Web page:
Innovation in the labour market is reshaping vocational education and training (VET). In response VET itself is becoming more dynamic and innovative.
In 2013, around 49% of the 22 million learners at upper-secondary level in the European Union (EU) were in VET. Developing their ability to innovate can bring considerable economic and social benefits. VET also supports social innovation. Civic competences and social awareness skills acquired through VET can improve work organisation and strengthen civil society.
More than one in four (27%) European employees are in dead-end positions with skills higher than needed to do their job and limited potential to grow. At the same time, 22% of employees say that their skills have not developed since they started their current job. These are some of the findings of Cedefop’s European skills and jobs (ESJ) survey, which will be discussed at a high-level conference in Thessaloniki on 7 and 8 December 2015.
Cedefop is holding a conference on 26-27 November in Thessaloniki to discuss how globalisation influences national vocational education and training (VET) systems and how national VET provision can meet global needs.
More than 200 participants explored and debated work organisation and skill development practices that benefit both employers and employees at a joint seminar organised by Cedefop, Eurofound and the European Economic and Social Committee (EESC) in Brussels on 19 November.
Following on from the success of the first European apprenticeship conference in 2014, Cedefop’s second such event, on 9 and 10 November in Thessaloniki, will be a learning experience addressed to a wide range of stakeholders with a role in helping small and medium-sized enterprises (SMEs) increase their apprenticeship offer.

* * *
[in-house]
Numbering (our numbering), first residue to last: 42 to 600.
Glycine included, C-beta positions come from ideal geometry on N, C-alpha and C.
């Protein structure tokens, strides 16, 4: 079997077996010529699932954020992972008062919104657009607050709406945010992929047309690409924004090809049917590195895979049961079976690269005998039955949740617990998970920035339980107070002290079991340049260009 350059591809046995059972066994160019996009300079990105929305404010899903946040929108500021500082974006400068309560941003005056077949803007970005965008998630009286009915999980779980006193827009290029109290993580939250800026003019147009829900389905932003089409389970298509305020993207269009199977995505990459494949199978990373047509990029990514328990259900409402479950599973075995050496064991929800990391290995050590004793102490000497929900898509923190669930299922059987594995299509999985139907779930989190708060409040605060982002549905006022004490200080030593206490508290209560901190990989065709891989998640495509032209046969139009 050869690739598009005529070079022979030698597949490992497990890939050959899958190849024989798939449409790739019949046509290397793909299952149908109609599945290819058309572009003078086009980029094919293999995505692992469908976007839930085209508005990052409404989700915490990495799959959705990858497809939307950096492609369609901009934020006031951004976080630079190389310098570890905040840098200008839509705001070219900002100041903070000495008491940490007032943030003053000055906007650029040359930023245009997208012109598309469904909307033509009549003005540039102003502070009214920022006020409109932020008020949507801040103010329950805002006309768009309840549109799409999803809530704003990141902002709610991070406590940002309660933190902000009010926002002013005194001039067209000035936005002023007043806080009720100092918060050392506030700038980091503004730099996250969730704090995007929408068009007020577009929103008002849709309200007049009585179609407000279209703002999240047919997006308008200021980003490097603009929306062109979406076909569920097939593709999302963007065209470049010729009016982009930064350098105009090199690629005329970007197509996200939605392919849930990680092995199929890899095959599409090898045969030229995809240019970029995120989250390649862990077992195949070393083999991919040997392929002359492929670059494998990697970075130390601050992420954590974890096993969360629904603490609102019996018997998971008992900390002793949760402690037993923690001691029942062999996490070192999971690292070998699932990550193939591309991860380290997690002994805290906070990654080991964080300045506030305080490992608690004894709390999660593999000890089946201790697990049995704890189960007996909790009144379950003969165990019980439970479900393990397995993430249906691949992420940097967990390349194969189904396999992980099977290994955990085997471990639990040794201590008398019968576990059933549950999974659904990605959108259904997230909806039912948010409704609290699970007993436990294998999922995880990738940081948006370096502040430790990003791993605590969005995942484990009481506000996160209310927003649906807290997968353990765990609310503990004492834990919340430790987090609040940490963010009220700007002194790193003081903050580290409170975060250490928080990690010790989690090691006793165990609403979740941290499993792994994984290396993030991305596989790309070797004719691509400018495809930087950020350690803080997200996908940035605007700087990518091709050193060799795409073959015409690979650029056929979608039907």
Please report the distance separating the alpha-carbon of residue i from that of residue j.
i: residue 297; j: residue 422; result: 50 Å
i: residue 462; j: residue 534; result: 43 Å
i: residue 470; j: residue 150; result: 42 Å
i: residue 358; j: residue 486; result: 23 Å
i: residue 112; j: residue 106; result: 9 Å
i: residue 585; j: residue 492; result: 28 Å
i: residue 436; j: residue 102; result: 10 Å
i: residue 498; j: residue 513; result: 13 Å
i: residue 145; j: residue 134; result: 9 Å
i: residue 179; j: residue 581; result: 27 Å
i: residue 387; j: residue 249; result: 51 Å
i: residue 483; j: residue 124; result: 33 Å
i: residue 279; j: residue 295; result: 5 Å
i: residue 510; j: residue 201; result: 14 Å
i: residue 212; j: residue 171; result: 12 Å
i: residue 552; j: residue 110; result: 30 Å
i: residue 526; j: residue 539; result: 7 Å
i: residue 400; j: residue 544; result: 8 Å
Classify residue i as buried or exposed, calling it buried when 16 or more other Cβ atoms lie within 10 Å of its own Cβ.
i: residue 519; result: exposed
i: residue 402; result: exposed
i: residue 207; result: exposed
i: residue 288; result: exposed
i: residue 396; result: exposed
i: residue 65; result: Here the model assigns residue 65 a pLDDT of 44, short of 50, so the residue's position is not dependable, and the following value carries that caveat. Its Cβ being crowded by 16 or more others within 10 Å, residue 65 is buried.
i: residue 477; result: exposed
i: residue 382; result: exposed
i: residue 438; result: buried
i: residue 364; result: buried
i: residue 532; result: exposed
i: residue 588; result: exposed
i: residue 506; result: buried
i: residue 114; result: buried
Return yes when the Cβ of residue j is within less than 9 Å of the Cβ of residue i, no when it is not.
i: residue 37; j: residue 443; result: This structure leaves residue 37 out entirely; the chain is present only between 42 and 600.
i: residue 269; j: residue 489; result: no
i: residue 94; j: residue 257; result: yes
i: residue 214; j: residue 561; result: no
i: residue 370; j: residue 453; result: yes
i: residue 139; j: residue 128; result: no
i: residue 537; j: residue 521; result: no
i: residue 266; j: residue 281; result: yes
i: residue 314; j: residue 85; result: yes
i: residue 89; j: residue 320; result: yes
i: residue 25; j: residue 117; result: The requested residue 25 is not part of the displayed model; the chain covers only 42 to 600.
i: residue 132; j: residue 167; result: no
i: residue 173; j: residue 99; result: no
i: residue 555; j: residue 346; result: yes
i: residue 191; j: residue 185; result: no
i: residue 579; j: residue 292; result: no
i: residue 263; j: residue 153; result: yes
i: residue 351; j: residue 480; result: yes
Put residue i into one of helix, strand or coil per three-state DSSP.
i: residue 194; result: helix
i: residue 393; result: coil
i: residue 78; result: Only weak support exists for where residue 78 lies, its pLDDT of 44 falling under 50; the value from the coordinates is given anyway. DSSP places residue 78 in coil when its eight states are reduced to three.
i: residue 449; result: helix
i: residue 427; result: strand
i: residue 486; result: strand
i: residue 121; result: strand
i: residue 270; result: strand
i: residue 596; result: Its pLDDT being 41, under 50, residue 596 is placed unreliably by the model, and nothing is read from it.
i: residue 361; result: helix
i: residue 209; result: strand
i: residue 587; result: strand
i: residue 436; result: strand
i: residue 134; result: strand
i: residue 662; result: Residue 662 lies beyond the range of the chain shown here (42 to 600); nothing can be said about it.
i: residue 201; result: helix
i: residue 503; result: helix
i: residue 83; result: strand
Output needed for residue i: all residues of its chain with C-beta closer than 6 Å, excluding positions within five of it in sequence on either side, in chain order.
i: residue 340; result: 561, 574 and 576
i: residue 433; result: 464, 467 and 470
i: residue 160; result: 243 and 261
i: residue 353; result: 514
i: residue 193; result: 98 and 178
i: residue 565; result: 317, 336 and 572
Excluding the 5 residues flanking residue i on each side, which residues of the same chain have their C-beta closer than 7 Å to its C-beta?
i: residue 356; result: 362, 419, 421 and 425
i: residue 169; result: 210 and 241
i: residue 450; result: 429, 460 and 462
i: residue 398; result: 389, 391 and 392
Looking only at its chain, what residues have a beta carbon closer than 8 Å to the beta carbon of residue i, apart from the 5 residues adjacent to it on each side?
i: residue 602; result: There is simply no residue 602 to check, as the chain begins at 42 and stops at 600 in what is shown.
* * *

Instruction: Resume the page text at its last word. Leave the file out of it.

Demografie und Wirtschaft beeinflussen die Beschäftigungsentwicklung
Deutschland ist neben Frankreich, Österreich, Schweden und dem Vereinigten Königreich eines von mehreren Ländern, die heute einen höheren Beschäftigungsstand aufweisen als vor der Wirtschaftskrise. Dennoch sagen Prognosen für Deutschland bis 2025 vorläufig einen Beschäftigungsrückgang voraus – und das trotz des Wirtschaftswachstums. Grund: das sinkende Arbeitskräfteangebot (Abbildung 1). Wie sich der derzeitige Flüchtlingszustrom auf die Gesamtbeschäftigung auswirken wird, ist dabei noch nicht absehbar.
Vocational education and training (VET) can help attract young people with different abilities and learning backgrounds to education. It also plays a decisive role in retaining them in the education system or reintegrating them after a drop-out experience.
The outlook for Malta’s labour market over the next decade is reasonably good, but skills need to improve to sustain it.
The forecasts produced by Cedefop - a European Union (EU) agency that analyses training and the labour market – show that between now and 2025, employment in Malta is expected to continue to be high (Figure 1). Job growth, like elsewhere in the EU will be driven by the business services and the distribution and transport sectors, with some small job losses predicted in manufacturing and construction.